Cheap potato fever is spreading in austerity-pummeled GreecePosted: March 5, 2012
By The WSJ | Associated Press – This is a reproduction
It started last week when a producer from the northern Nevrokopi area, fed up with selling to wholesalers at a loss, offloaded 24 tons at cost prices directly to consumers in the town of Katerini. Now, he has been swamped by demand. Lefteris Kessopoulos said Thursday he has been contacted by resident groups in Athens, the northern towns of Kavala and Larissa — even Pyrgos, 1,000 kilometers (620 miles) south of Nevrokopi. “We’re getting phone calls from all over Greece,” he said.
After more than two years of deeply resented belt-tightening, imposed to keep the country afloat after decades of profligate government spending, Greece appears to be heading for a social meltdown. Incomes have dropped dramatically, one in five workers is unemployed — double the pre-crisis figures — and state outlays on crucial sectors such as health care and education have been axed.
The country has been subsisting on international rescue loans since May 2010. Academic staff and students at the University of Thessaloniki have arranged for a group of Nevrokopi farmers to sell 50 tons on Friday outside a campus building. The price will be €0.25 ($0.33) a kilogram (2.2 pounds), almost a third of the €0.70 ($0.93) that supermarkets charge.
Similar sales are planned in several towns over the next few days, while some resident groups are trying to organize deals with olive oil producers on the island of Crete.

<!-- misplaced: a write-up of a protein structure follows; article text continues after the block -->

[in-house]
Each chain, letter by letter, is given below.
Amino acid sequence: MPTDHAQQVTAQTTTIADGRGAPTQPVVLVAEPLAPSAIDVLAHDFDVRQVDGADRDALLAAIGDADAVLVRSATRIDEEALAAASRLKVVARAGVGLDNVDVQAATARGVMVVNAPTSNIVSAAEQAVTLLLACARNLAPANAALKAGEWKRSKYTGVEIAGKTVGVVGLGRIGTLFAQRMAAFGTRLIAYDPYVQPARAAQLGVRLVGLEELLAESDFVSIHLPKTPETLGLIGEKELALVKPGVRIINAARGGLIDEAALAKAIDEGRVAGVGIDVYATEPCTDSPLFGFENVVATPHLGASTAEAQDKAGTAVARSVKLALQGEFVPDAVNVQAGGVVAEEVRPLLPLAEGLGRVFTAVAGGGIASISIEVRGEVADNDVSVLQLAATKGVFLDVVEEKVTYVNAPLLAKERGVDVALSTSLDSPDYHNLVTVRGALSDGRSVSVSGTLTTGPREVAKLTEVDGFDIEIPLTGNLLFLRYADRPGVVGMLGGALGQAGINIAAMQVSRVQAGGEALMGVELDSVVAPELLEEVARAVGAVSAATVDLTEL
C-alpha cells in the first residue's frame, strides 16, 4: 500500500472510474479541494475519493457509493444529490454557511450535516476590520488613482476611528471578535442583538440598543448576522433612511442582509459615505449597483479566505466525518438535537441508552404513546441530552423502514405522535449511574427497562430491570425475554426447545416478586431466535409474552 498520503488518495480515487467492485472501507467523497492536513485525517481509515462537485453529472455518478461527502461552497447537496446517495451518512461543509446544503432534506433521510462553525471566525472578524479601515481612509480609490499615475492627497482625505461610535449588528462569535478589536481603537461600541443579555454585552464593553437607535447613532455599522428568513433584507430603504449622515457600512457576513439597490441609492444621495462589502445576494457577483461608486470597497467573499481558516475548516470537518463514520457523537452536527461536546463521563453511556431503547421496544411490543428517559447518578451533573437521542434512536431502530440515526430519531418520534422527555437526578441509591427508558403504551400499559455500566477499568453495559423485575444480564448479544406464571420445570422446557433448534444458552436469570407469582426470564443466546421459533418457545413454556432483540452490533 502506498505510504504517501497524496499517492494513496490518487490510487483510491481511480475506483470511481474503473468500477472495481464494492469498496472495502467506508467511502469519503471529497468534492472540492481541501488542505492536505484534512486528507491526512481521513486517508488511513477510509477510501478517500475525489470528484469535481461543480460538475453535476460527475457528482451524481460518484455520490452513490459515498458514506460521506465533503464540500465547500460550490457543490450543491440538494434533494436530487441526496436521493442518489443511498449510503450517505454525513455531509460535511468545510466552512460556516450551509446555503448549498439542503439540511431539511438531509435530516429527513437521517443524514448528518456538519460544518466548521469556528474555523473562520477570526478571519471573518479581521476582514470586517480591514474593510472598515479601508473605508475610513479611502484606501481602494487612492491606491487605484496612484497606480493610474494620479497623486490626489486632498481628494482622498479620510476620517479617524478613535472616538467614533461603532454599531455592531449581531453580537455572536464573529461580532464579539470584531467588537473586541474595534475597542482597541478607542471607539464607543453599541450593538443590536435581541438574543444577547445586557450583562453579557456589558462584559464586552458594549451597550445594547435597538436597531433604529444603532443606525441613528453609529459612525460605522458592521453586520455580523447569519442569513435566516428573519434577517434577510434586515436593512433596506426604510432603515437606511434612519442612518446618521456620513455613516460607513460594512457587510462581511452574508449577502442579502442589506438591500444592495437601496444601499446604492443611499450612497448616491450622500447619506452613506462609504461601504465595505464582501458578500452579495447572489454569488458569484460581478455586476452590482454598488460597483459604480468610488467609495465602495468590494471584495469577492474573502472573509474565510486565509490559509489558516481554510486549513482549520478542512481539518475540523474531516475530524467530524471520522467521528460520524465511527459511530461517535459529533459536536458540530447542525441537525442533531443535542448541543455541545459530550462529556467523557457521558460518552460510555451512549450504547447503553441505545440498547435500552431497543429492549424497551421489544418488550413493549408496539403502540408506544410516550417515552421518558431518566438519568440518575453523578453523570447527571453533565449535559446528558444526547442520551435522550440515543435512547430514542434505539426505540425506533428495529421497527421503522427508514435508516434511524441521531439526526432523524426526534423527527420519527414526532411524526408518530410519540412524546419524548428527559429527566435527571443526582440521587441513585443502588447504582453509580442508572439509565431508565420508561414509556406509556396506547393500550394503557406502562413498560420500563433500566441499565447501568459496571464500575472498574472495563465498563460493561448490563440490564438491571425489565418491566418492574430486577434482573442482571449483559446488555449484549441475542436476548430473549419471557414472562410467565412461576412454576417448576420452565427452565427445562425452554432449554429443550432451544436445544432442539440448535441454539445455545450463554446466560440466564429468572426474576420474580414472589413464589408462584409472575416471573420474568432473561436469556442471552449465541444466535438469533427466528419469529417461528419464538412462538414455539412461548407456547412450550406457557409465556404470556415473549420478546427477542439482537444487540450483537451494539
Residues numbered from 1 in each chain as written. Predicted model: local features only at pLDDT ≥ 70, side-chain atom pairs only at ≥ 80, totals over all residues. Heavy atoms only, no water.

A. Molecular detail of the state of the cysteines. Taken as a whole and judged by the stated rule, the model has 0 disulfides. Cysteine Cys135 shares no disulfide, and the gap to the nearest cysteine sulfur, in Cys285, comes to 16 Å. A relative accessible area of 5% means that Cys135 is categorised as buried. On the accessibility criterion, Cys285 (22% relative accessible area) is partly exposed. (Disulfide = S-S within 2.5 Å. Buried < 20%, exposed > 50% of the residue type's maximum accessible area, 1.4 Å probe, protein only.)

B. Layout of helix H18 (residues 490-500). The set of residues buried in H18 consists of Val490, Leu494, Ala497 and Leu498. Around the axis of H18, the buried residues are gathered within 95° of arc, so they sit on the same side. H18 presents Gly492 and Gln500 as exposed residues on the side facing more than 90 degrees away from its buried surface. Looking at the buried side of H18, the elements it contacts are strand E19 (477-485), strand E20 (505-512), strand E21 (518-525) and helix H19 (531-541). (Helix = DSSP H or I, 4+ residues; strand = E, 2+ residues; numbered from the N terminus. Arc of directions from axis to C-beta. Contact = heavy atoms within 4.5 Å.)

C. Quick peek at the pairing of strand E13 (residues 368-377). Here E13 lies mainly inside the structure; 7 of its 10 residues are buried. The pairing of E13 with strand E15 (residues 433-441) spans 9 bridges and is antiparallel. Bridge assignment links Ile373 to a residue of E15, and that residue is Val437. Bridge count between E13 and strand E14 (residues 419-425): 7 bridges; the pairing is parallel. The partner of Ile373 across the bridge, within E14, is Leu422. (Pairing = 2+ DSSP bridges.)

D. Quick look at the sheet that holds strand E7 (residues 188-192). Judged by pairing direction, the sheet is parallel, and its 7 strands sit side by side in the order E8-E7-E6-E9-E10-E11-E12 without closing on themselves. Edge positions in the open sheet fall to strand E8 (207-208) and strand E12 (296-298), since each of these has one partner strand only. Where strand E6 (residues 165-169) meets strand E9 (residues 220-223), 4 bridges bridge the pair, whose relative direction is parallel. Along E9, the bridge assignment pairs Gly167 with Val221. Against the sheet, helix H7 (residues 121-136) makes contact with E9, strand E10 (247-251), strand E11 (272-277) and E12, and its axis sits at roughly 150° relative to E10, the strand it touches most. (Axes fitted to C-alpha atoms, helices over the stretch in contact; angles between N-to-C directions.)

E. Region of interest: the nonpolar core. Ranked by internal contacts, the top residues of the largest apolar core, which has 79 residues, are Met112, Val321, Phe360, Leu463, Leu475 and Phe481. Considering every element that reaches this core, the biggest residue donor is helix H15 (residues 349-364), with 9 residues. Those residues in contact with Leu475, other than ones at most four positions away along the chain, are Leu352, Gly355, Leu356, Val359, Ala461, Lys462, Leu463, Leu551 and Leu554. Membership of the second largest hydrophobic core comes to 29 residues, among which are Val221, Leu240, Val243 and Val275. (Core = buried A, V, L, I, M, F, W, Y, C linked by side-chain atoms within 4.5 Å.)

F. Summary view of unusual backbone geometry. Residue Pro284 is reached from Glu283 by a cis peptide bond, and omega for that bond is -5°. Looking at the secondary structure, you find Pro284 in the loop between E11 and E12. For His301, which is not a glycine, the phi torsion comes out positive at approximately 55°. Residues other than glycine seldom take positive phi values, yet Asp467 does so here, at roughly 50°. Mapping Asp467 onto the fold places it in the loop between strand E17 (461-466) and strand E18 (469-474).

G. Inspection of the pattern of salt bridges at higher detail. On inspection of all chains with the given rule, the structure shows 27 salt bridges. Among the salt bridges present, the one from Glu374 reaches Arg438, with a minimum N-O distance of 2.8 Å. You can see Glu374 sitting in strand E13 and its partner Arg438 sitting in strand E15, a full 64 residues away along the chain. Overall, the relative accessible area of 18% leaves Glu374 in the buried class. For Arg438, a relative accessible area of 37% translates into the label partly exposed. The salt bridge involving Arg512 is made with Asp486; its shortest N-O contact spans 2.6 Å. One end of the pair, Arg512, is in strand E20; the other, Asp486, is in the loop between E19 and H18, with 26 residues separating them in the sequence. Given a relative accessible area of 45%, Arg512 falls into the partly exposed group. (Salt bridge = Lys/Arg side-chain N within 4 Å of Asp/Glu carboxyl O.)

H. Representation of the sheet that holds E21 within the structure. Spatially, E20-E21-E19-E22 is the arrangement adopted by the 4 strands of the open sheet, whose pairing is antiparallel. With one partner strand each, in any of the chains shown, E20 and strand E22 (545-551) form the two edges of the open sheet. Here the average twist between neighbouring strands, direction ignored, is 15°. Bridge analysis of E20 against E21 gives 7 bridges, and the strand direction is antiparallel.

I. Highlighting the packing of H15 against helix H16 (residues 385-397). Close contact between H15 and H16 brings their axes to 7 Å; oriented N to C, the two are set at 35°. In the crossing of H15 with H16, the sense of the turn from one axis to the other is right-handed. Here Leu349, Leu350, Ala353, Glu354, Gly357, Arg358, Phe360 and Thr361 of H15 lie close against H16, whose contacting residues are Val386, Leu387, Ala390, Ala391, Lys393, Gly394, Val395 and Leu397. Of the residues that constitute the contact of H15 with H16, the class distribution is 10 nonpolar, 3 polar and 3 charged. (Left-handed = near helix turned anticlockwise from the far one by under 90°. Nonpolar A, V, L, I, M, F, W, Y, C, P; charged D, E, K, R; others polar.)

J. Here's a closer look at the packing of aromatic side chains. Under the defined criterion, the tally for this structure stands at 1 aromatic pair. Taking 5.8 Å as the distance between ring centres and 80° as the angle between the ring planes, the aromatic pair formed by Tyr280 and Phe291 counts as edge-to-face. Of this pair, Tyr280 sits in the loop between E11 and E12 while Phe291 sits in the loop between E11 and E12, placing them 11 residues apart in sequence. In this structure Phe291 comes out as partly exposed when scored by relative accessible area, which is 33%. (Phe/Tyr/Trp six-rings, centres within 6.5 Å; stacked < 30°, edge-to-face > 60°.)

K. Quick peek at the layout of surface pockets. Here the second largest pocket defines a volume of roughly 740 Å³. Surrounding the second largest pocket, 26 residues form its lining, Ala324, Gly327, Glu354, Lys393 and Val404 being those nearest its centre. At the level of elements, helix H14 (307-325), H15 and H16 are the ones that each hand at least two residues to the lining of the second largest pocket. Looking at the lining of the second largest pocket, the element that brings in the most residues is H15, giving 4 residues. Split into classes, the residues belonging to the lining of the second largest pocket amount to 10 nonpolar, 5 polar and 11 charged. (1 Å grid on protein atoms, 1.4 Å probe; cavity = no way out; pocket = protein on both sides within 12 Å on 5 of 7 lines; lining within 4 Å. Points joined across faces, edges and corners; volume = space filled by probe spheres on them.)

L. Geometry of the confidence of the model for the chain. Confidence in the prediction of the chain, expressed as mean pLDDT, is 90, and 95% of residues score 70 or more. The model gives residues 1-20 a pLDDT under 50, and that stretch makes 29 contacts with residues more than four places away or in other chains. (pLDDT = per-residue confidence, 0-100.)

Nevrokopi farmers say it costs about €0.20 cents ($0.27) to produce a kilogram of potatoes, but that wholesalers will only buy them for €0.10-0.12. Faced with making a loss, many producers say they have been unable to even get their products to the market.
Greece’s severe financial crisis, now entering its third year, has seen pensions and salaries repeatedly slashed and led to skyrocketing unemployment with more than 1 million jobless. Incomes have been further hit by steep tax hikes imposed by a government desperate to boost state revenues.
More and more people have been turning up at soup kitchens run by the church or local aid groups, and homelessness has been increasing.
In the northern town of Drama, near Nevrokopi, a consumer association and the local labor council are organizing a sale of 20 tons of potatoes on Saturday.
“It’s time profiteers get pushed out of the market,” Drama labor leader Giorgos Savridis said. “In this way, we are helping potato producers, but also consumers who are having a hard time due to the crisis.”
In the Athens suburb of Pallini, municipal officials have asked residents to send in order forms by March 8 before a forthcoming Nevrokopi potato sale — at €0.28 ($0.37) per kilogram to allow for transportation costs.
“Financial circumstances dictate our intervention to create a social solidarity and protection network for our residents,” a municipality statement said.
Kessopoulos, the producer, said wholesalers have started offering farmers higher prices after the Katerini sale. But the best offer, €0.17 per kilogram, is still below production costs.